Unpacking these beliefs in the course of a routine consultation in primary care is challenging. The belief has to be volunteered and the context understood. The associated behaviours have to be outlined and if there are sufficient grounds challenged without engendering the impression that the health professional does not accept the person’s right to make a choice, even when that choice is dubious or could even be harmful. People have the right to follow a gluten free or lactose free diet whatever their reasons. They have a right to drink too much alcohol and or to smoke cigarettes. However for many such people the consequences may include chronic morbidity and a shorter life expectancy. It is therefore incumbent on health professionals to communicate effectively with those who seek help. This may include demonstrating the outcomes in a creative way. The task is to help people to decide what outcomes they would prefer. However in the first instance we have to understand the ‘why’ as well as the ‘what’ of the decisions they make. That means creating the conditions in which people will feel inclined to share. That only happens when they believe that their perspective as well as their right to choose matter to you.

Picture by Will Temple

What do you want from your doctor?

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Finding a good doctor is like finding a good lover: there are lots of anecdotes but no data Richard Smith

Our family has moved to an new city and we are looking for a family doctor. What would you look for if you knew a little about evidence based medicine? Would you want your doctor to have read the latest medical journals and could quote research evidence for every decision they make? New premises? New furniture? Free wifi? Short waiting times? A coffee machine? Text messaging? Internet booking? A PhD?

How do you choose a new dentist? A new hairdresser? Do you just walk in to the nearest premises and hope for the best? Do you ask your neighbours for a recommendation? Do you google the names you see in the phone book? The chances are you spend more time choosing a restaurant then you do choosing your doctor. And yet there is far more at stake other than a good meal or a hair cut.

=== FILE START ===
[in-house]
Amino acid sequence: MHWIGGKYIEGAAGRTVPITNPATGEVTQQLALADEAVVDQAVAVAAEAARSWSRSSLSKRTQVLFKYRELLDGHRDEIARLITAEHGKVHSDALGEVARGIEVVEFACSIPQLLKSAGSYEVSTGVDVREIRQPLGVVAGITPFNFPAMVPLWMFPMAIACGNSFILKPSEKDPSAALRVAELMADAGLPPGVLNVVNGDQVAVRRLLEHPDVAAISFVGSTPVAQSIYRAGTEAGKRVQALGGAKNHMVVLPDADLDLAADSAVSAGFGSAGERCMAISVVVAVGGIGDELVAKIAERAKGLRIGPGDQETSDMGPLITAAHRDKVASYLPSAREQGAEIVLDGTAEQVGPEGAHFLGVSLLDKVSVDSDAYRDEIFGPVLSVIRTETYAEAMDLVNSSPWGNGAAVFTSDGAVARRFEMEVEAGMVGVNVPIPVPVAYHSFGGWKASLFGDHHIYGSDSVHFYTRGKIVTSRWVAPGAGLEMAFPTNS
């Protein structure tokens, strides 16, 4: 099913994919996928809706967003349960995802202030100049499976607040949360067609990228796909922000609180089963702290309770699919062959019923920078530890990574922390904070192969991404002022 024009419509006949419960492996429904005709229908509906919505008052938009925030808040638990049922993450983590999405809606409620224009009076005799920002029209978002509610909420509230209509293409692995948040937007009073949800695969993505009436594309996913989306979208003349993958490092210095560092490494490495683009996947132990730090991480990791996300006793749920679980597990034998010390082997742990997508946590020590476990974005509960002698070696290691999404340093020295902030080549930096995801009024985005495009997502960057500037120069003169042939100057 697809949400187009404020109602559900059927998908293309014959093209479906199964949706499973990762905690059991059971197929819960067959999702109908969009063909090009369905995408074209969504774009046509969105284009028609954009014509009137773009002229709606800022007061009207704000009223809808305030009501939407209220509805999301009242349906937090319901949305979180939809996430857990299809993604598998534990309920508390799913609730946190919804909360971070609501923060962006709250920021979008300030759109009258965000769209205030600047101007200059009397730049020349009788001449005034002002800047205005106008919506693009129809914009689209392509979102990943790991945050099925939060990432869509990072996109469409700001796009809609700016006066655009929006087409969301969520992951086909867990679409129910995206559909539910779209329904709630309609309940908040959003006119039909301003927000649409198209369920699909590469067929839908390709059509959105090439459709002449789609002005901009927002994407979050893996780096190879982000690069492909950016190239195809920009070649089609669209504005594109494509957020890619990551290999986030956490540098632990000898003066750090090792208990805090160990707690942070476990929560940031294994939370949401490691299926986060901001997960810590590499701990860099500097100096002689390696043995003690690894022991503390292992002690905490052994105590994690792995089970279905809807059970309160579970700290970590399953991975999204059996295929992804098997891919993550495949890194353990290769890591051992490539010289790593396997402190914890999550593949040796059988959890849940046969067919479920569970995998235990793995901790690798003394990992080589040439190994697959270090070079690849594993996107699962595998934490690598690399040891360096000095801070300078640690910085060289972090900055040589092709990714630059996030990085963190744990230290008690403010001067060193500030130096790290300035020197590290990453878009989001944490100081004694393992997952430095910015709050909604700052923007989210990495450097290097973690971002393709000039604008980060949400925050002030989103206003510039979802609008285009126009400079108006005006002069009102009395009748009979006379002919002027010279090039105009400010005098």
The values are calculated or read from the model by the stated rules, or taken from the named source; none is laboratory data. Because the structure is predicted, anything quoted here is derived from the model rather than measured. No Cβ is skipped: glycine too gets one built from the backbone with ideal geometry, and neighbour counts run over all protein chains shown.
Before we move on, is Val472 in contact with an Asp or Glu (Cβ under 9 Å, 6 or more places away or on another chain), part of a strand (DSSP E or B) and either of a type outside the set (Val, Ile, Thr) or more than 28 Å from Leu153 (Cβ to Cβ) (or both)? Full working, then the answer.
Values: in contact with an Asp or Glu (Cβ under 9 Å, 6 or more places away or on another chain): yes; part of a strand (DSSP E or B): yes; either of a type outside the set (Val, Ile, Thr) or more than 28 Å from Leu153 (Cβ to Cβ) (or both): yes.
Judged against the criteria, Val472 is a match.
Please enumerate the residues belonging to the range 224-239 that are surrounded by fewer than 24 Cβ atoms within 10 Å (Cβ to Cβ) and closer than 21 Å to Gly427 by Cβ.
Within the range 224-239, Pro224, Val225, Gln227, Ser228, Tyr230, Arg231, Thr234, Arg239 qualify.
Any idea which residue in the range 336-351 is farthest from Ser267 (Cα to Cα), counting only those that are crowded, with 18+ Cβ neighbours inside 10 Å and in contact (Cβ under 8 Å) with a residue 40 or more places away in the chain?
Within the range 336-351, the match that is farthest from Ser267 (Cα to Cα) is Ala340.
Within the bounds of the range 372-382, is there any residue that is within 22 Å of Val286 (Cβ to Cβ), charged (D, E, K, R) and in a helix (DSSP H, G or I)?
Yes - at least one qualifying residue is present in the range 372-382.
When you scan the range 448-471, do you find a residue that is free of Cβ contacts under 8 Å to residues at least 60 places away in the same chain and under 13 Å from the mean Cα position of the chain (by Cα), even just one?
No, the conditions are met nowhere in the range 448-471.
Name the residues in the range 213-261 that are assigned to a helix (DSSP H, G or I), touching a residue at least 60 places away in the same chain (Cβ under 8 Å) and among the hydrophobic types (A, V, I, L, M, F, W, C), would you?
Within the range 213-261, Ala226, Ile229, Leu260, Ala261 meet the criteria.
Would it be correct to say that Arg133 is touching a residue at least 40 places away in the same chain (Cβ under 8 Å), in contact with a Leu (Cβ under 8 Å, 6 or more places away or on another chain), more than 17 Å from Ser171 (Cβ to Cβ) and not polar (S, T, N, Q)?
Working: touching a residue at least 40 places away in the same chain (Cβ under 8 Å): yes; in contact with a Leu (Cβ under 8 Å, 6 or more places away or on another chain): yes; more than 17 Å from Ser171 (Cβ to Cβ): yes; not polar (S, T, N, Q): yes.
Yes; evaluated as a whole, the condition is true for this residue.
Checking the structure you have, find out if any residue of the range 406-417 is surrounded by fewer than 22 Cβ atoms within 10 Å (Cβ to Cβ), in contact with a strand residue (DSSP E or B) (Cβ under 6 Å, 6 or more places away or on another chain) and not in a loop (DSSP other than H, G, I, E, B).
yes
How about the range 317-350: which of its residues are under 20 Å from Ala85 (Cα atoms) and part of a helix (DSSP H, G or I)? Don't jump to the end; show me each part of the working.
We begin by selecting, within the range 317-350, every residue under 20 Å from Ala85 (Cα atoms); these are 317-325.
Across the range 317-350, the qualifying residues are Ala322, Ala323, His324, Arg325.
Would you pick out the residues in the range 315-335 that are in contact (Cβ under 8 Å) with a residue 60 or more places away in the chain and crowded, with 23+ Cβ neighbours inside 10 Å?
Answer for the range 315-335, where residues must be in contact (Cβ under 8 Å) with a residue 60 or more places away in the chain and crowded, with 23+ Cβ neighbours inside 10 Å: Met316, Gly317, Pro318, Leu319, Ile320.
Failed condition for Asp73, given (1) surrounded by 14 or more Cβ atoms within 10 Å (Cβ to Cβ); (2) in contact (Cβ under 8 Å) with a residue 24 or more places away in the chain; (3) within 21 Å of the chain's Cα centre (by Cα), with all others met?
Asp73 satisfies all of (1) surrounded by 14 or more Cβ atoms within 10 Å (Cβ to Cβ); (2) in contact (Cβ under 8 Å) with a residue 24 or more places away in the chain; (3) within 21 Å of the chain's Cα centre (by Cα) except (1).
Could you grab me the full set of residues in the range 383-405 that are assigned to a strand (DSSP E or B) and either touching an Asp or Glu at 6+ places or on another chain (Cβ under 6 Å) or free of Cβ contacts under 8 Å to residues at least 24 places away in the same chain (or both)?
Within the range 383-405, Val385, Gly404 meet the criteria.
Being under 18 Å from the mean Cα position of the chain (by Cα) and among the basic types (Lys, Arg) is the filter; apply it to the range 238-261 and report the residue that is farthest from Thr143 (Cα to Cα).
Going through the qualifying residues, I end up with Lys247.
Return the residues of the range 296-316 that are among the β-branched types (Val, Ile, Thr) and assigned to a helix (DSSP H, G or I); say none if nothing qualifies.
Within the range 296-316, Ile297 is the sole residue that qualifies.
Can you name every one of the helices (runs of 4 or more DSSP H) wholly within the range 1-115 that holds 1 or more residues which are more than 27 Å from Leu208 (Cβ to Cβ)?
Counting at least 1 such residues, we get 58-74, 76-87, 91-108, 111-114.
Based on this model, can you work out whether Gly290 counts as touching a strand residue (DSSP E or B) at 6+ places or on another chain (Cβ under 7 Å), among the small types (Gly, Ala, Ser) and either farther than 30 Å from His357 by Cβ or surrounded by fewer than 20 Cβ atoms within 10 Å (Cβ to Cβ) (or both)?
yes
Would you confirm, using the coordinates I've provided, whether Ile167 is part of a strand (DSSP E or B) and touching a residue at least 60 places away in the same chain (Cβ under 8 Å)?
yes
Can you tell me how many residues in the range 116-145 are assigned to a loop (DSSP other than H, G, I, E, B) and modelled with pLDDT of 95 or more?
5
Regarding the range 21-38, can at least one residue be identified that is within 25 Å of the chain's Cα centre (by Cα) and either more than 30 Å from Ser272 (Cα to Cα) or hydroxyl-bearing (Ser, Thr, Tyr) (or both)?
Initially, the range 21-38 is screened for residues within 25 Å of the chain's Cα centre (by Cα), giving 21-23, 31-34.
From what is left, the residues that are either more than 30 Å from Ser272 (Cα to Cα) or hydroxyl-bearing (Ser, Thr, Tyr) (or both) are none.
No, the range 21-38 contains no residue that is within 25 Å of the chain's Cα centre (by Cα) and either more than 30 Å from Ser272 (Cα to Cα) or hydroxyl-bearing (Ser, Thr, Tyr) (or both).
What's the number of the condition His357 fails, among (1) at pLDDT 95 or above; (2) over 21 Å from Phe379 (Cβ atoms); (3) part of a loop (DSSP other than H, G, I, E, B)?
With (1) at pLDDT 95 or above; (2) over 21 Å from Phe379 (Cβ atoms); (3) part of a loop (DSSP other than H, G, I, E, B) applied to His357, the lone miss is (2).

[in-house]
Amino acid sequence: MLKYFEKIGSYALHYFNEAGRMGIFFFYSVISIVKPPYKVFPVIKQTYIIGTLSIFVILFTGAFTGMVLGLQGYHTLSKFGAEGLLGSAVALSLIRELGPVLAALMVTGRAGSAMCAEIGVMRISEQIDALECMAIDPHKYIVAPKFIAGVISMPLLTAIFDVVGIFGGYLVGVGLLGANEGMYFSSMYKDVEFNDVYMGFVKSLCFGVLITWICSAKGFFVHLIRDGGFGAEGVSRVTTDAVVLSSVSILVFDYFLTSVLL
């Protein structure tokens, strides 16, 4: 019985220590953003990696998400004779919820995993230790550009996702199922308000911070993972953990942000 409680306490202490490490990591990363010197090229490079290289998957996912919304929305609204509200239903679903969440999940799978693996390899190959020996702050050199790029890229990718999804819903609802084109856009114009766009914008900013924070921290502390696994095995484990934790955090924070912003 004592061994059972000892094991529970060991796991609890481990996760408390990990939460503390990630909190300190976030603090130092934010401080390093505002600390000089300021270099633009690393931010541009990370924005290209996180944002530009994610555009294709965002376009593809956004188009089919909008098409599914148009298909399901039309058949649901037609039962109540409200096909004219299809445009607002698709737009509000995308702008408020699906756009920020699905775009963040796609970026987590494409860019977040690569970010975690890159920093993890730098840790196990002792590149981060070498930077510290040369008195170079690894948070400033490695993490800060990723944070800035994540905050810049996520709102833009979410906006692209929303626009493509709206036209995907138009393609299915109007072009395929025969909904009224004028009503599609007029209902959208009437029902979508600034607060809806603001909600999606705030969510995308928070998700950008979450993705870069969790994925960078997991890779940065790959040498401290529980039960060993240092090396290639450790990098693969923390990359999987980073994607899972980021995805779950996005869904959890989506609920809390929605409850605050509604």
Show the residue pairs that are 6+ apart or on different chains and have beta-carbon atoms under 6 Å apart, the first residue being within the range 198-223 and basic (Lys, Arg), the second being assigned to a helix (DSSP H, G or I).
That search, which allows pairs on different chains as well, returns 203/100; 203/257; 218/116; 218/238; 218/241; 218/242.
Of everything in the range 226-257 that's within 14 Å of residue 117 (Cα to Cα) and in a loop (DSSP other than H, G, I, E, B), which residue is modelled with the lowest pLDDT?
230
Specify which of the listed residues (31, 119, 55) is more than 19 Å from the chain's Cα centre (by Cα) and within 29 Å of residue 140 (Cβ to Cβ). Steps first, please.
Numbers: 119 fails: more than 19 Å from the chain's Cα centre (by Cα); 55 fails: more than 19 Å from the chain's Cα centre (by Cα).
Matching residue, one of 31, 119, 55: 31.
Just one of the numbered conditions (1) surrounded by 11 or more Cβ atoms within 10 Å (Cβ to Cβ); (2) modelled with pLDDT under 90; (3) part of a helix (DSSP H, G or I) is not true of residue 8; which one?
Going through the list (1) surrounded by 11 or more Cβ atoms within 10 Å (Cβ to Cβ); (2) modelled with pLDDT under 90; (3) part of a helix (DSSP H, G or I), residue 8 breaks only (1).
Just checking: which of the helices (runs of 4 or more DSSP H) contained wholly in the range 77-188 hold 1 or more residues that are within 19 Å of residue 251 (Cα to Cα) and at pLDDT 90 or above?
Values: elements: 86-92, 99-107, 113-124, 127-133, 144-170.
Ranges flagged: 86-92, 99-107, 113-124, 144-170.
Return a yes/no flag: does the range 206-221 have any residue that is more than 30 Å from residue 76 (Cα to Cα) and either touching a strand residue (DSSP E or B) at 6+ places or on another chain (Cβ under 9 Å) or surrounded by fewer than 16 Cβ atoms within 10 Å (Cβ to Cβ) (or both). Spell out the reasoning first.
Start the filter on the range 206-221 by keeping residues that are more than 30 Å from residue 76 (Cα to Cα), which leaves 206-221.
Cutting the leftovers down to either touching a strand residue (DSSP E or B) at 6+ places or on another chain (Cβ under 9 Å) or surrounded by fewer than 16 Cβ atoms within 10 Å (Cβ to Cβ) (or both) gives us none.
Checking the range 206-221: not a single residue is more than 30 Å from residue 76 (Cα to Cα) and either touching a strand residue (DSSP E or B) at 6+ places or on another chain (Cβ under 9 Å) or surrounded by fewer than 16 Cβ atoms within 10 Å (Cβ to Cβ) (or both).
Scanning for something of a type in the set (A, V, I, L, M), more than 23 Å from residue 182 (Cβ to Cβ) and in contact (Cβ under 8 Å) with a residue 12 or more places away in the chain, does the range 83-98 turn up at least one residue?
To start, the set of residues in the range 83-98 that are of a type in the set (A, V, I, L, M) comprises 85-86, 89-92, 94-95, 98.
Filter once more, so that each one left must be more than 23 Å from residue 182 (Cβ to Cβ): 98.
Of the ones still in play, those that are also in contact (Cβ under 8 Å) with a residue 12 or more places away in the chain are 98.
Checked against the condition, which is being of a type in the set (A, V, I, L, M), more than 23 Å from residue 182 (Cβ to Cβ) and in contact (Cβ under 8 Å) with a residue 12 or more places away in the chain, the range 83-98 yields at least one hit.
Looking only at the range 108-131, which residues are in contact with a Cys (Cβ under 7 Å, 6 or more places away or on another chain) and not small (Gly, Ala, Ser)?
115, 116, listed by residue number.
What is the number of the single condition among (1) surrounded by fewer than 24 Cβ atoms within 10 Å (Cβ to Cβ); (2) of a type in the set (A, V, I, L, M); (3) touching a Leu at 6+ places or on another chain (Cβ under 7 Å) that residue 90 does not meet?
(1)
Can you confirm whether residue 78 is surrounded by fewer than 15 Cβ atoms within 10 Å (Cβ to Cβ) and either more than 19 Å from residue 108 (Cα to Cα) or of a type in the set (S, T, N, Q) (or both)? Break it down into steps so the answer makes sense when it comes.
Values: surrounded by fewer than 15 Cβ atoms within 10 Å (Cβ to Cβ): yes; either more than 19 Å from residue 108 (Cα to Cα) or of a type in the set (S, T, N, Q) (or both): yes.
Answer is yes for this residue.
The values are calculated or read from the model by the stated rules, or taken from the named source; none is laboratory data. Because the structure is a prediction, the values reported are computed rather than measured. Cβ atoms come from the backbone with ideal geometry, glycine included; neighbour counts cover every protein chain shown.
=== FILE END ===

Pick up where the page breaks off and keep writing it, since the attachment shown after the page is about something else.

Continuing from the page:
For us in selecting a doctor nothing matters as much as the doctor’s interest in our family. Our new doctor may not have read this week’s medical journal but he or she will be curious about our family because they will want to understand the context of any symptoms . That isn’t simply limited to our medical history, allergies or genetic predisposition. It also means the fact that we have moved interstate, we have new jobs, renting for the first time in years and experiencing a number of other life events. They will take into account any support we might be receiving from friends or family and our satisfaction or otherwise with our decision to relocate.

If you feel the same way then you might agree that doctors, especially family physicians aka general practitioners, provide a relationship and not just a service. This is what we seek when we consult a doctor:

Their willingness to make eye contact, to listen actively, to pick up verbal and non-verbal cues, to be respectful  and unwavering in the opinion that our perspective on our bodies and its functioning is what matters the most. To our new doctor we will be free to make choices. They will see their role as adviser and advocate rather than enforcer of what’s best for us as determined by somebody else. The best doctors understand that they may not have all the information on which we make decisions but faithfully realise that we also want what they want i.e. what’s in our best interests.

I love this quote from Anatole Broyard:

What do I want in a doctor? I would say that I want one who is a close reader of illness and a good critic of medicine…I see no reason or need for my doctor to love me, nor would I expect him to suffer with me. I wouldn’t demand a lot of my doctor’s time, I just wish he would brood on my situation for perhaps five minutes, that he would give me his whole mind just once, be bonded with me for a brief space, survey my soul as well as my flesh, to get at my illness, for each man is ill in his own way.